Thursday, October 23, 2008

Thursday Blues

Well, here it is: Another Thursday and its time once again to wrestle with a text to create a message for the weekend that will be witty, relevant, comforting, challenging, Biblically accurate, no more than 20 minutes long, effectively speak to Gen-Xers, Baby Boomers, GI generation and people of every imaginable situations in life. Not an easy task.

One day, a long time ago, I heard a voice - not an audible voice, but a voice nonetheless - and it was God calling me to ministry. At the time, I didn't realize exactly what that might mean. Had I been able to foresee the challenges and struggles of being a pastor, perhaps I would have ignored that voice. But God was gentle and helped me ease into my calling much the same way a person wades into a cold lake for a swim. It was step by step; inch by reluctant inch; part by part until now, I feel fully immersed. And, I might add, like I am barely able to tread water at times.

This week, I want to preach on what it means to serve others in Jesus' name. My text is from Matthew 20 where James' and John's mother comes and asks that her sons be given the places of highest honor in Jesus' coming kingdom. Isn't that just like a mother? Always looking out for ways to protect and elevate her children.

Jesus reply was not to her but to her sons. "Can you (not will you) can you drink the cup from which I am about to drink?" They not knowing, like I didn't know, said yes, we can drink from that cup. I don't think they really knew what they were signing on for. Acts 12 tells us James was beheaded or run through by the sword at Herod's command. John, we know was exiled to the isle of Patmos and church tradition tells us that he too was martyred.

Jesus' point was not about honor, ambition or doing good enough to ascend to a place of honor. It was about accepting the fact that anyone desiring greatness in God's kingdom has to, first, become a servant (or as Dale Brunner puts it, 'a table waiter) for the others. Greatness in Jesus' view comes not from self-advancement or vain ambition. It comes from selfless, humble service to others. "Can you drink from this cup?"

Can I drink this cup? Am I really ever ready to accept the responsibility and obedience of service that Jesus calls me to? I think I am today. I hope I did yesterday! I am not sure about tomorrow. I will have to commit to that tomorrow. I pray I will not just hold the cup at a distance. I ask that I will not just give lip service to my devotion and sip from His cup as though it were some bitter, foul-tasting brew that's too hot, too cold, too awful to ingest.
I gulp from cups of joy and blessing when they come. I take mighty swigs from the cup of self. If my own interests were cups of Starbuck's Coffee, Starbucks stock would be much higher than it is today. But drinking from the cup of Christ ---that's tough!

But I know I want to serve. I want to give the best sermons possible. I want to be available to any and every person who asks for my time and energy. I want to be less self-serving and egotistic. I want to be more like Jesus but it is hard.

So here I sit, wondering what I can say to people this weekend about drinking from Jesus' cup and being servants. Hmmmm, maybe I have just said it.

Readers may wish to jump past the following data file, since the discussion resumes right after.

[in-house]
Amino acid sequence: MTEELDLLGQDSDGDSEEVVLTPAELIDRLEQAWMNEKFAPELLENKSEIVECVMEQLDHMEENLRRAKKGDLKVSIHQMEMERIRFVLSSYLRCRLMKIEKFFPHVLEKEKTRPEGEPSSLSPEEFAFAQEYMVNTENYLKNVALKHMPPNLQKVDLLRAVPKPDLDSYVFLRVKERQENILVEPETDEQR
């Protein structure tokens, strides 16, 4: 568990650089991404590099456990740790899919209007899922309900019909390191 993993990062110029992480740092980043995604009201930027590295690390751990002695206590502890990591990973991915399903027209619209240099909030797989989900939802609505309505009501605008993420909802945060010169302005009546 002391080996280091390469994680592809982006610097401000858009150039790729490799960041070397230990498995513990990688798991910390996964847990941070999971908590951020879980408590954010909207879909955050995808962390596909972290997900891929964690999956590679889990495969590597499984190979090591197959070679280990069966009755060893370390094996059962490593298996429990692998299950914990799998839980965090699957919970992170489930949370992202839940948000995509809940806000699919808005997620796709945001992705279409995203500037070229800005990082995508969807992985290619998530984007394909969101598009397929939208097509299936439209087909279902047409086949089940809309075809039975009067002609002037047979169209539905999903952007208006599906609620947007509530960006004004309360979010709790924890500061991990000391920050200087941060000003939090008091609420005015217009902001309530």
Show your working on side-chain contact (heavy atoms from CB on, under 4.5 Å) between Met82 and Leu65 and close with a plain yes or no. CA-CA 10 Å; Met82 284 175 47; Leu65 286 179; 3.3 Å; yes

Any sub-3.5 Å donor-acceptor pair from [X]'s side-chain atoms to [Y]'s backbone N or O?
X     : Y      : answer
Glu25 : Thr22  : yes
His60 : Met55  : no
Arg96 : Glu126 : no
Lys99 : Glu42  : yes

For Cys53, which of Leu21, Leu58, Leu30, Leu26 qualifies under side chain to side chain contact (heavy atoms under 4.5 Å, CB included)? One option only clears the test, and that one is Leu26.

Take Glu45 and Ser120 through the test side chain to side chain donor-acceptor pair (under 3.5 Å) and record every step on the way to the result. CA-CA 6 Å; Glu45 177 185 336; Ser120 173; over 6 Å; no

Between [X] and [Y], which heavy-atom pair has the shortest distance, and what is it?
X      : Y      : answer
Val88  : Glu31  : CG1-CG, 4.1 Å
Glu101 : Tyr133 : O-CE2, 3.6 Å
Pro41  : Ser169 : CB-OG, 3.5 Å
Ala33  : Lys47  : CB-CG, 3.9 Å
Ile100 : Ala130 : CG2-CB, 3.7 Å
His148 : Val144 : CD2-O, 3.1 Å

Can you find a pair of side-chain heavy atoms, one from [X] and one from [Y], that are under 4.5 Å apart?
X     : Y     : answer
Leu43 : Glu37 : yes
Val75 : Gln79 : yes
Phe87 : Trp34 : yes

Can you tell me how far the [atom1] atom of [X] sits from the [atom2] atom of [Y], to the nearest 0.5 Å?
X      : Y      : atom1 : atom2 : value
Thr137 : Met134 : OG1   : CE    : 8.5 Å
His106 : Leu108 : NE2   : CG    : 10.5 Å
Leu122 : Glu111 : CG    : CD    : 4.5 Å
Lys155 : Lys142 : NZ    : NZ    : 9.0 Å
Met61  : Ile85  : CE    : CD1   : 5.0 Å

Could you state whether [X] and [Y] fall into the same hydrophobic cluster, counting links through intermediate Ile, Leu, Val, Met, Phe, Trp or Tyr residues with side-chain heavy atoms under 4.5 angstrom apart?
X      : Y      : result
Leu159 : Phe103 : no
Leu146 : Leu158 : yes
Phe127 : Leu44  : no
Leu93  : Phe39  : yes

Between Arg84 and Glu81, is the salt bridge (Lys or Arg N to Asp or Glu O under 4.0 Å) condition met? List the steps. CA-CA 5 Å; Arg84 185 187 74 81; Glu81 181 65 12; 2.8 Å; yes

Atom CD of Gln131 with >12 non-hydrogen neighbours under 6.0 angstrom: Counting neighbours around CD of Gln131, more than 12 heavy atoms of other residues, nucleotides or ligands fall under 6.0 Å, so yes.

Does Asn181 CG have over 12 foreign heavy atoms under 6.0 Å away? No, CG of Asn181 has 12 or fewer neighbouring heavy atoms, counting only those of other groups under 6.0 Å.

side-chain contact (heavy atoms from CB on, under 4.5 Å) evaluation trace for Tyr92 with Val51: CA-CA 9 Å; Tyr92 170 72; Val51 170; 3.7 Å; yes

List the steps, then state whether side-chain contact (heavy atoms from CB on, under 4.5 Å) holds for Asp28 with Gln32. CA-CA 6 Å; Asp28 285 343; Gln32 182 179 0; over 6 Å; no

Sunday, October 19, 2008

Making a difference

Great story today at the Rainier Hills Young Life Banquet. The speaker Ted Johnson told about a taxi cab trip he had recently taken from his daughters house in Wheaton, Il to O Hare Airport. When he got in the cab, he noticed that there was nothing in the front seat next to the driver but a well worn Bible. About halfway to the airport, his curiosity got the better of him...he just had to ask: "What's with the Bible."

The driver began telling him how important it was to him and it was a great conversation starter. The driver then asked Johnson what he did for a living. When Johnson told him he worked for an organization that helped High School kids. It was called Young Life.

The cabbie exclaimed, "That's remarkable. Young Life is the reason this Bible is here. When I was in high school, I was a tough kid but a Young Life leader at my school on the South Side asked if I would like to go to camp for a week at a place called Windy Gap. He told me that it was paid for - all I needed to do was show up and go. I did. And that week I met Jesus Christ and gave my life to him. Since then I have been telling others about him."

Believe it or not, Ted Johnson and his wife had made a big contribution toward the construction of that camp. In a sense, he was the one who had paid the way for that cabbie and others to go to camp and meet Jesus. He reminded us that this was an investment that made a real difference; an investment in a stock that just kept splitting and splitting and splitting.

How we spend our lives makes a difference. Who knows, the people in whom we invest our lives and faith may very likely turn out to pass that faith along to countless others. Whose life have I touched today? What kind of difference have I made in someone's life?

On a side note, the new area director for Young Life here on the Plateau is Mike Iverson and his most recent position was in Las Cruces, NM, running a program that Judy and I were privileged to be a part of as committee members and where our daughter Melissa was part of a group of college students that started their program as volunteers. Small world - or is it really?

Wednesday, October 15, 2008

Back to Buck Creek

For the past 10 years, the Elders of Calvary have gone away on retreat to pray together, laugh together, seek the Lord's leading for the church together, and set in motion specific plans or goals which would move us forward in reaching our community for Christ.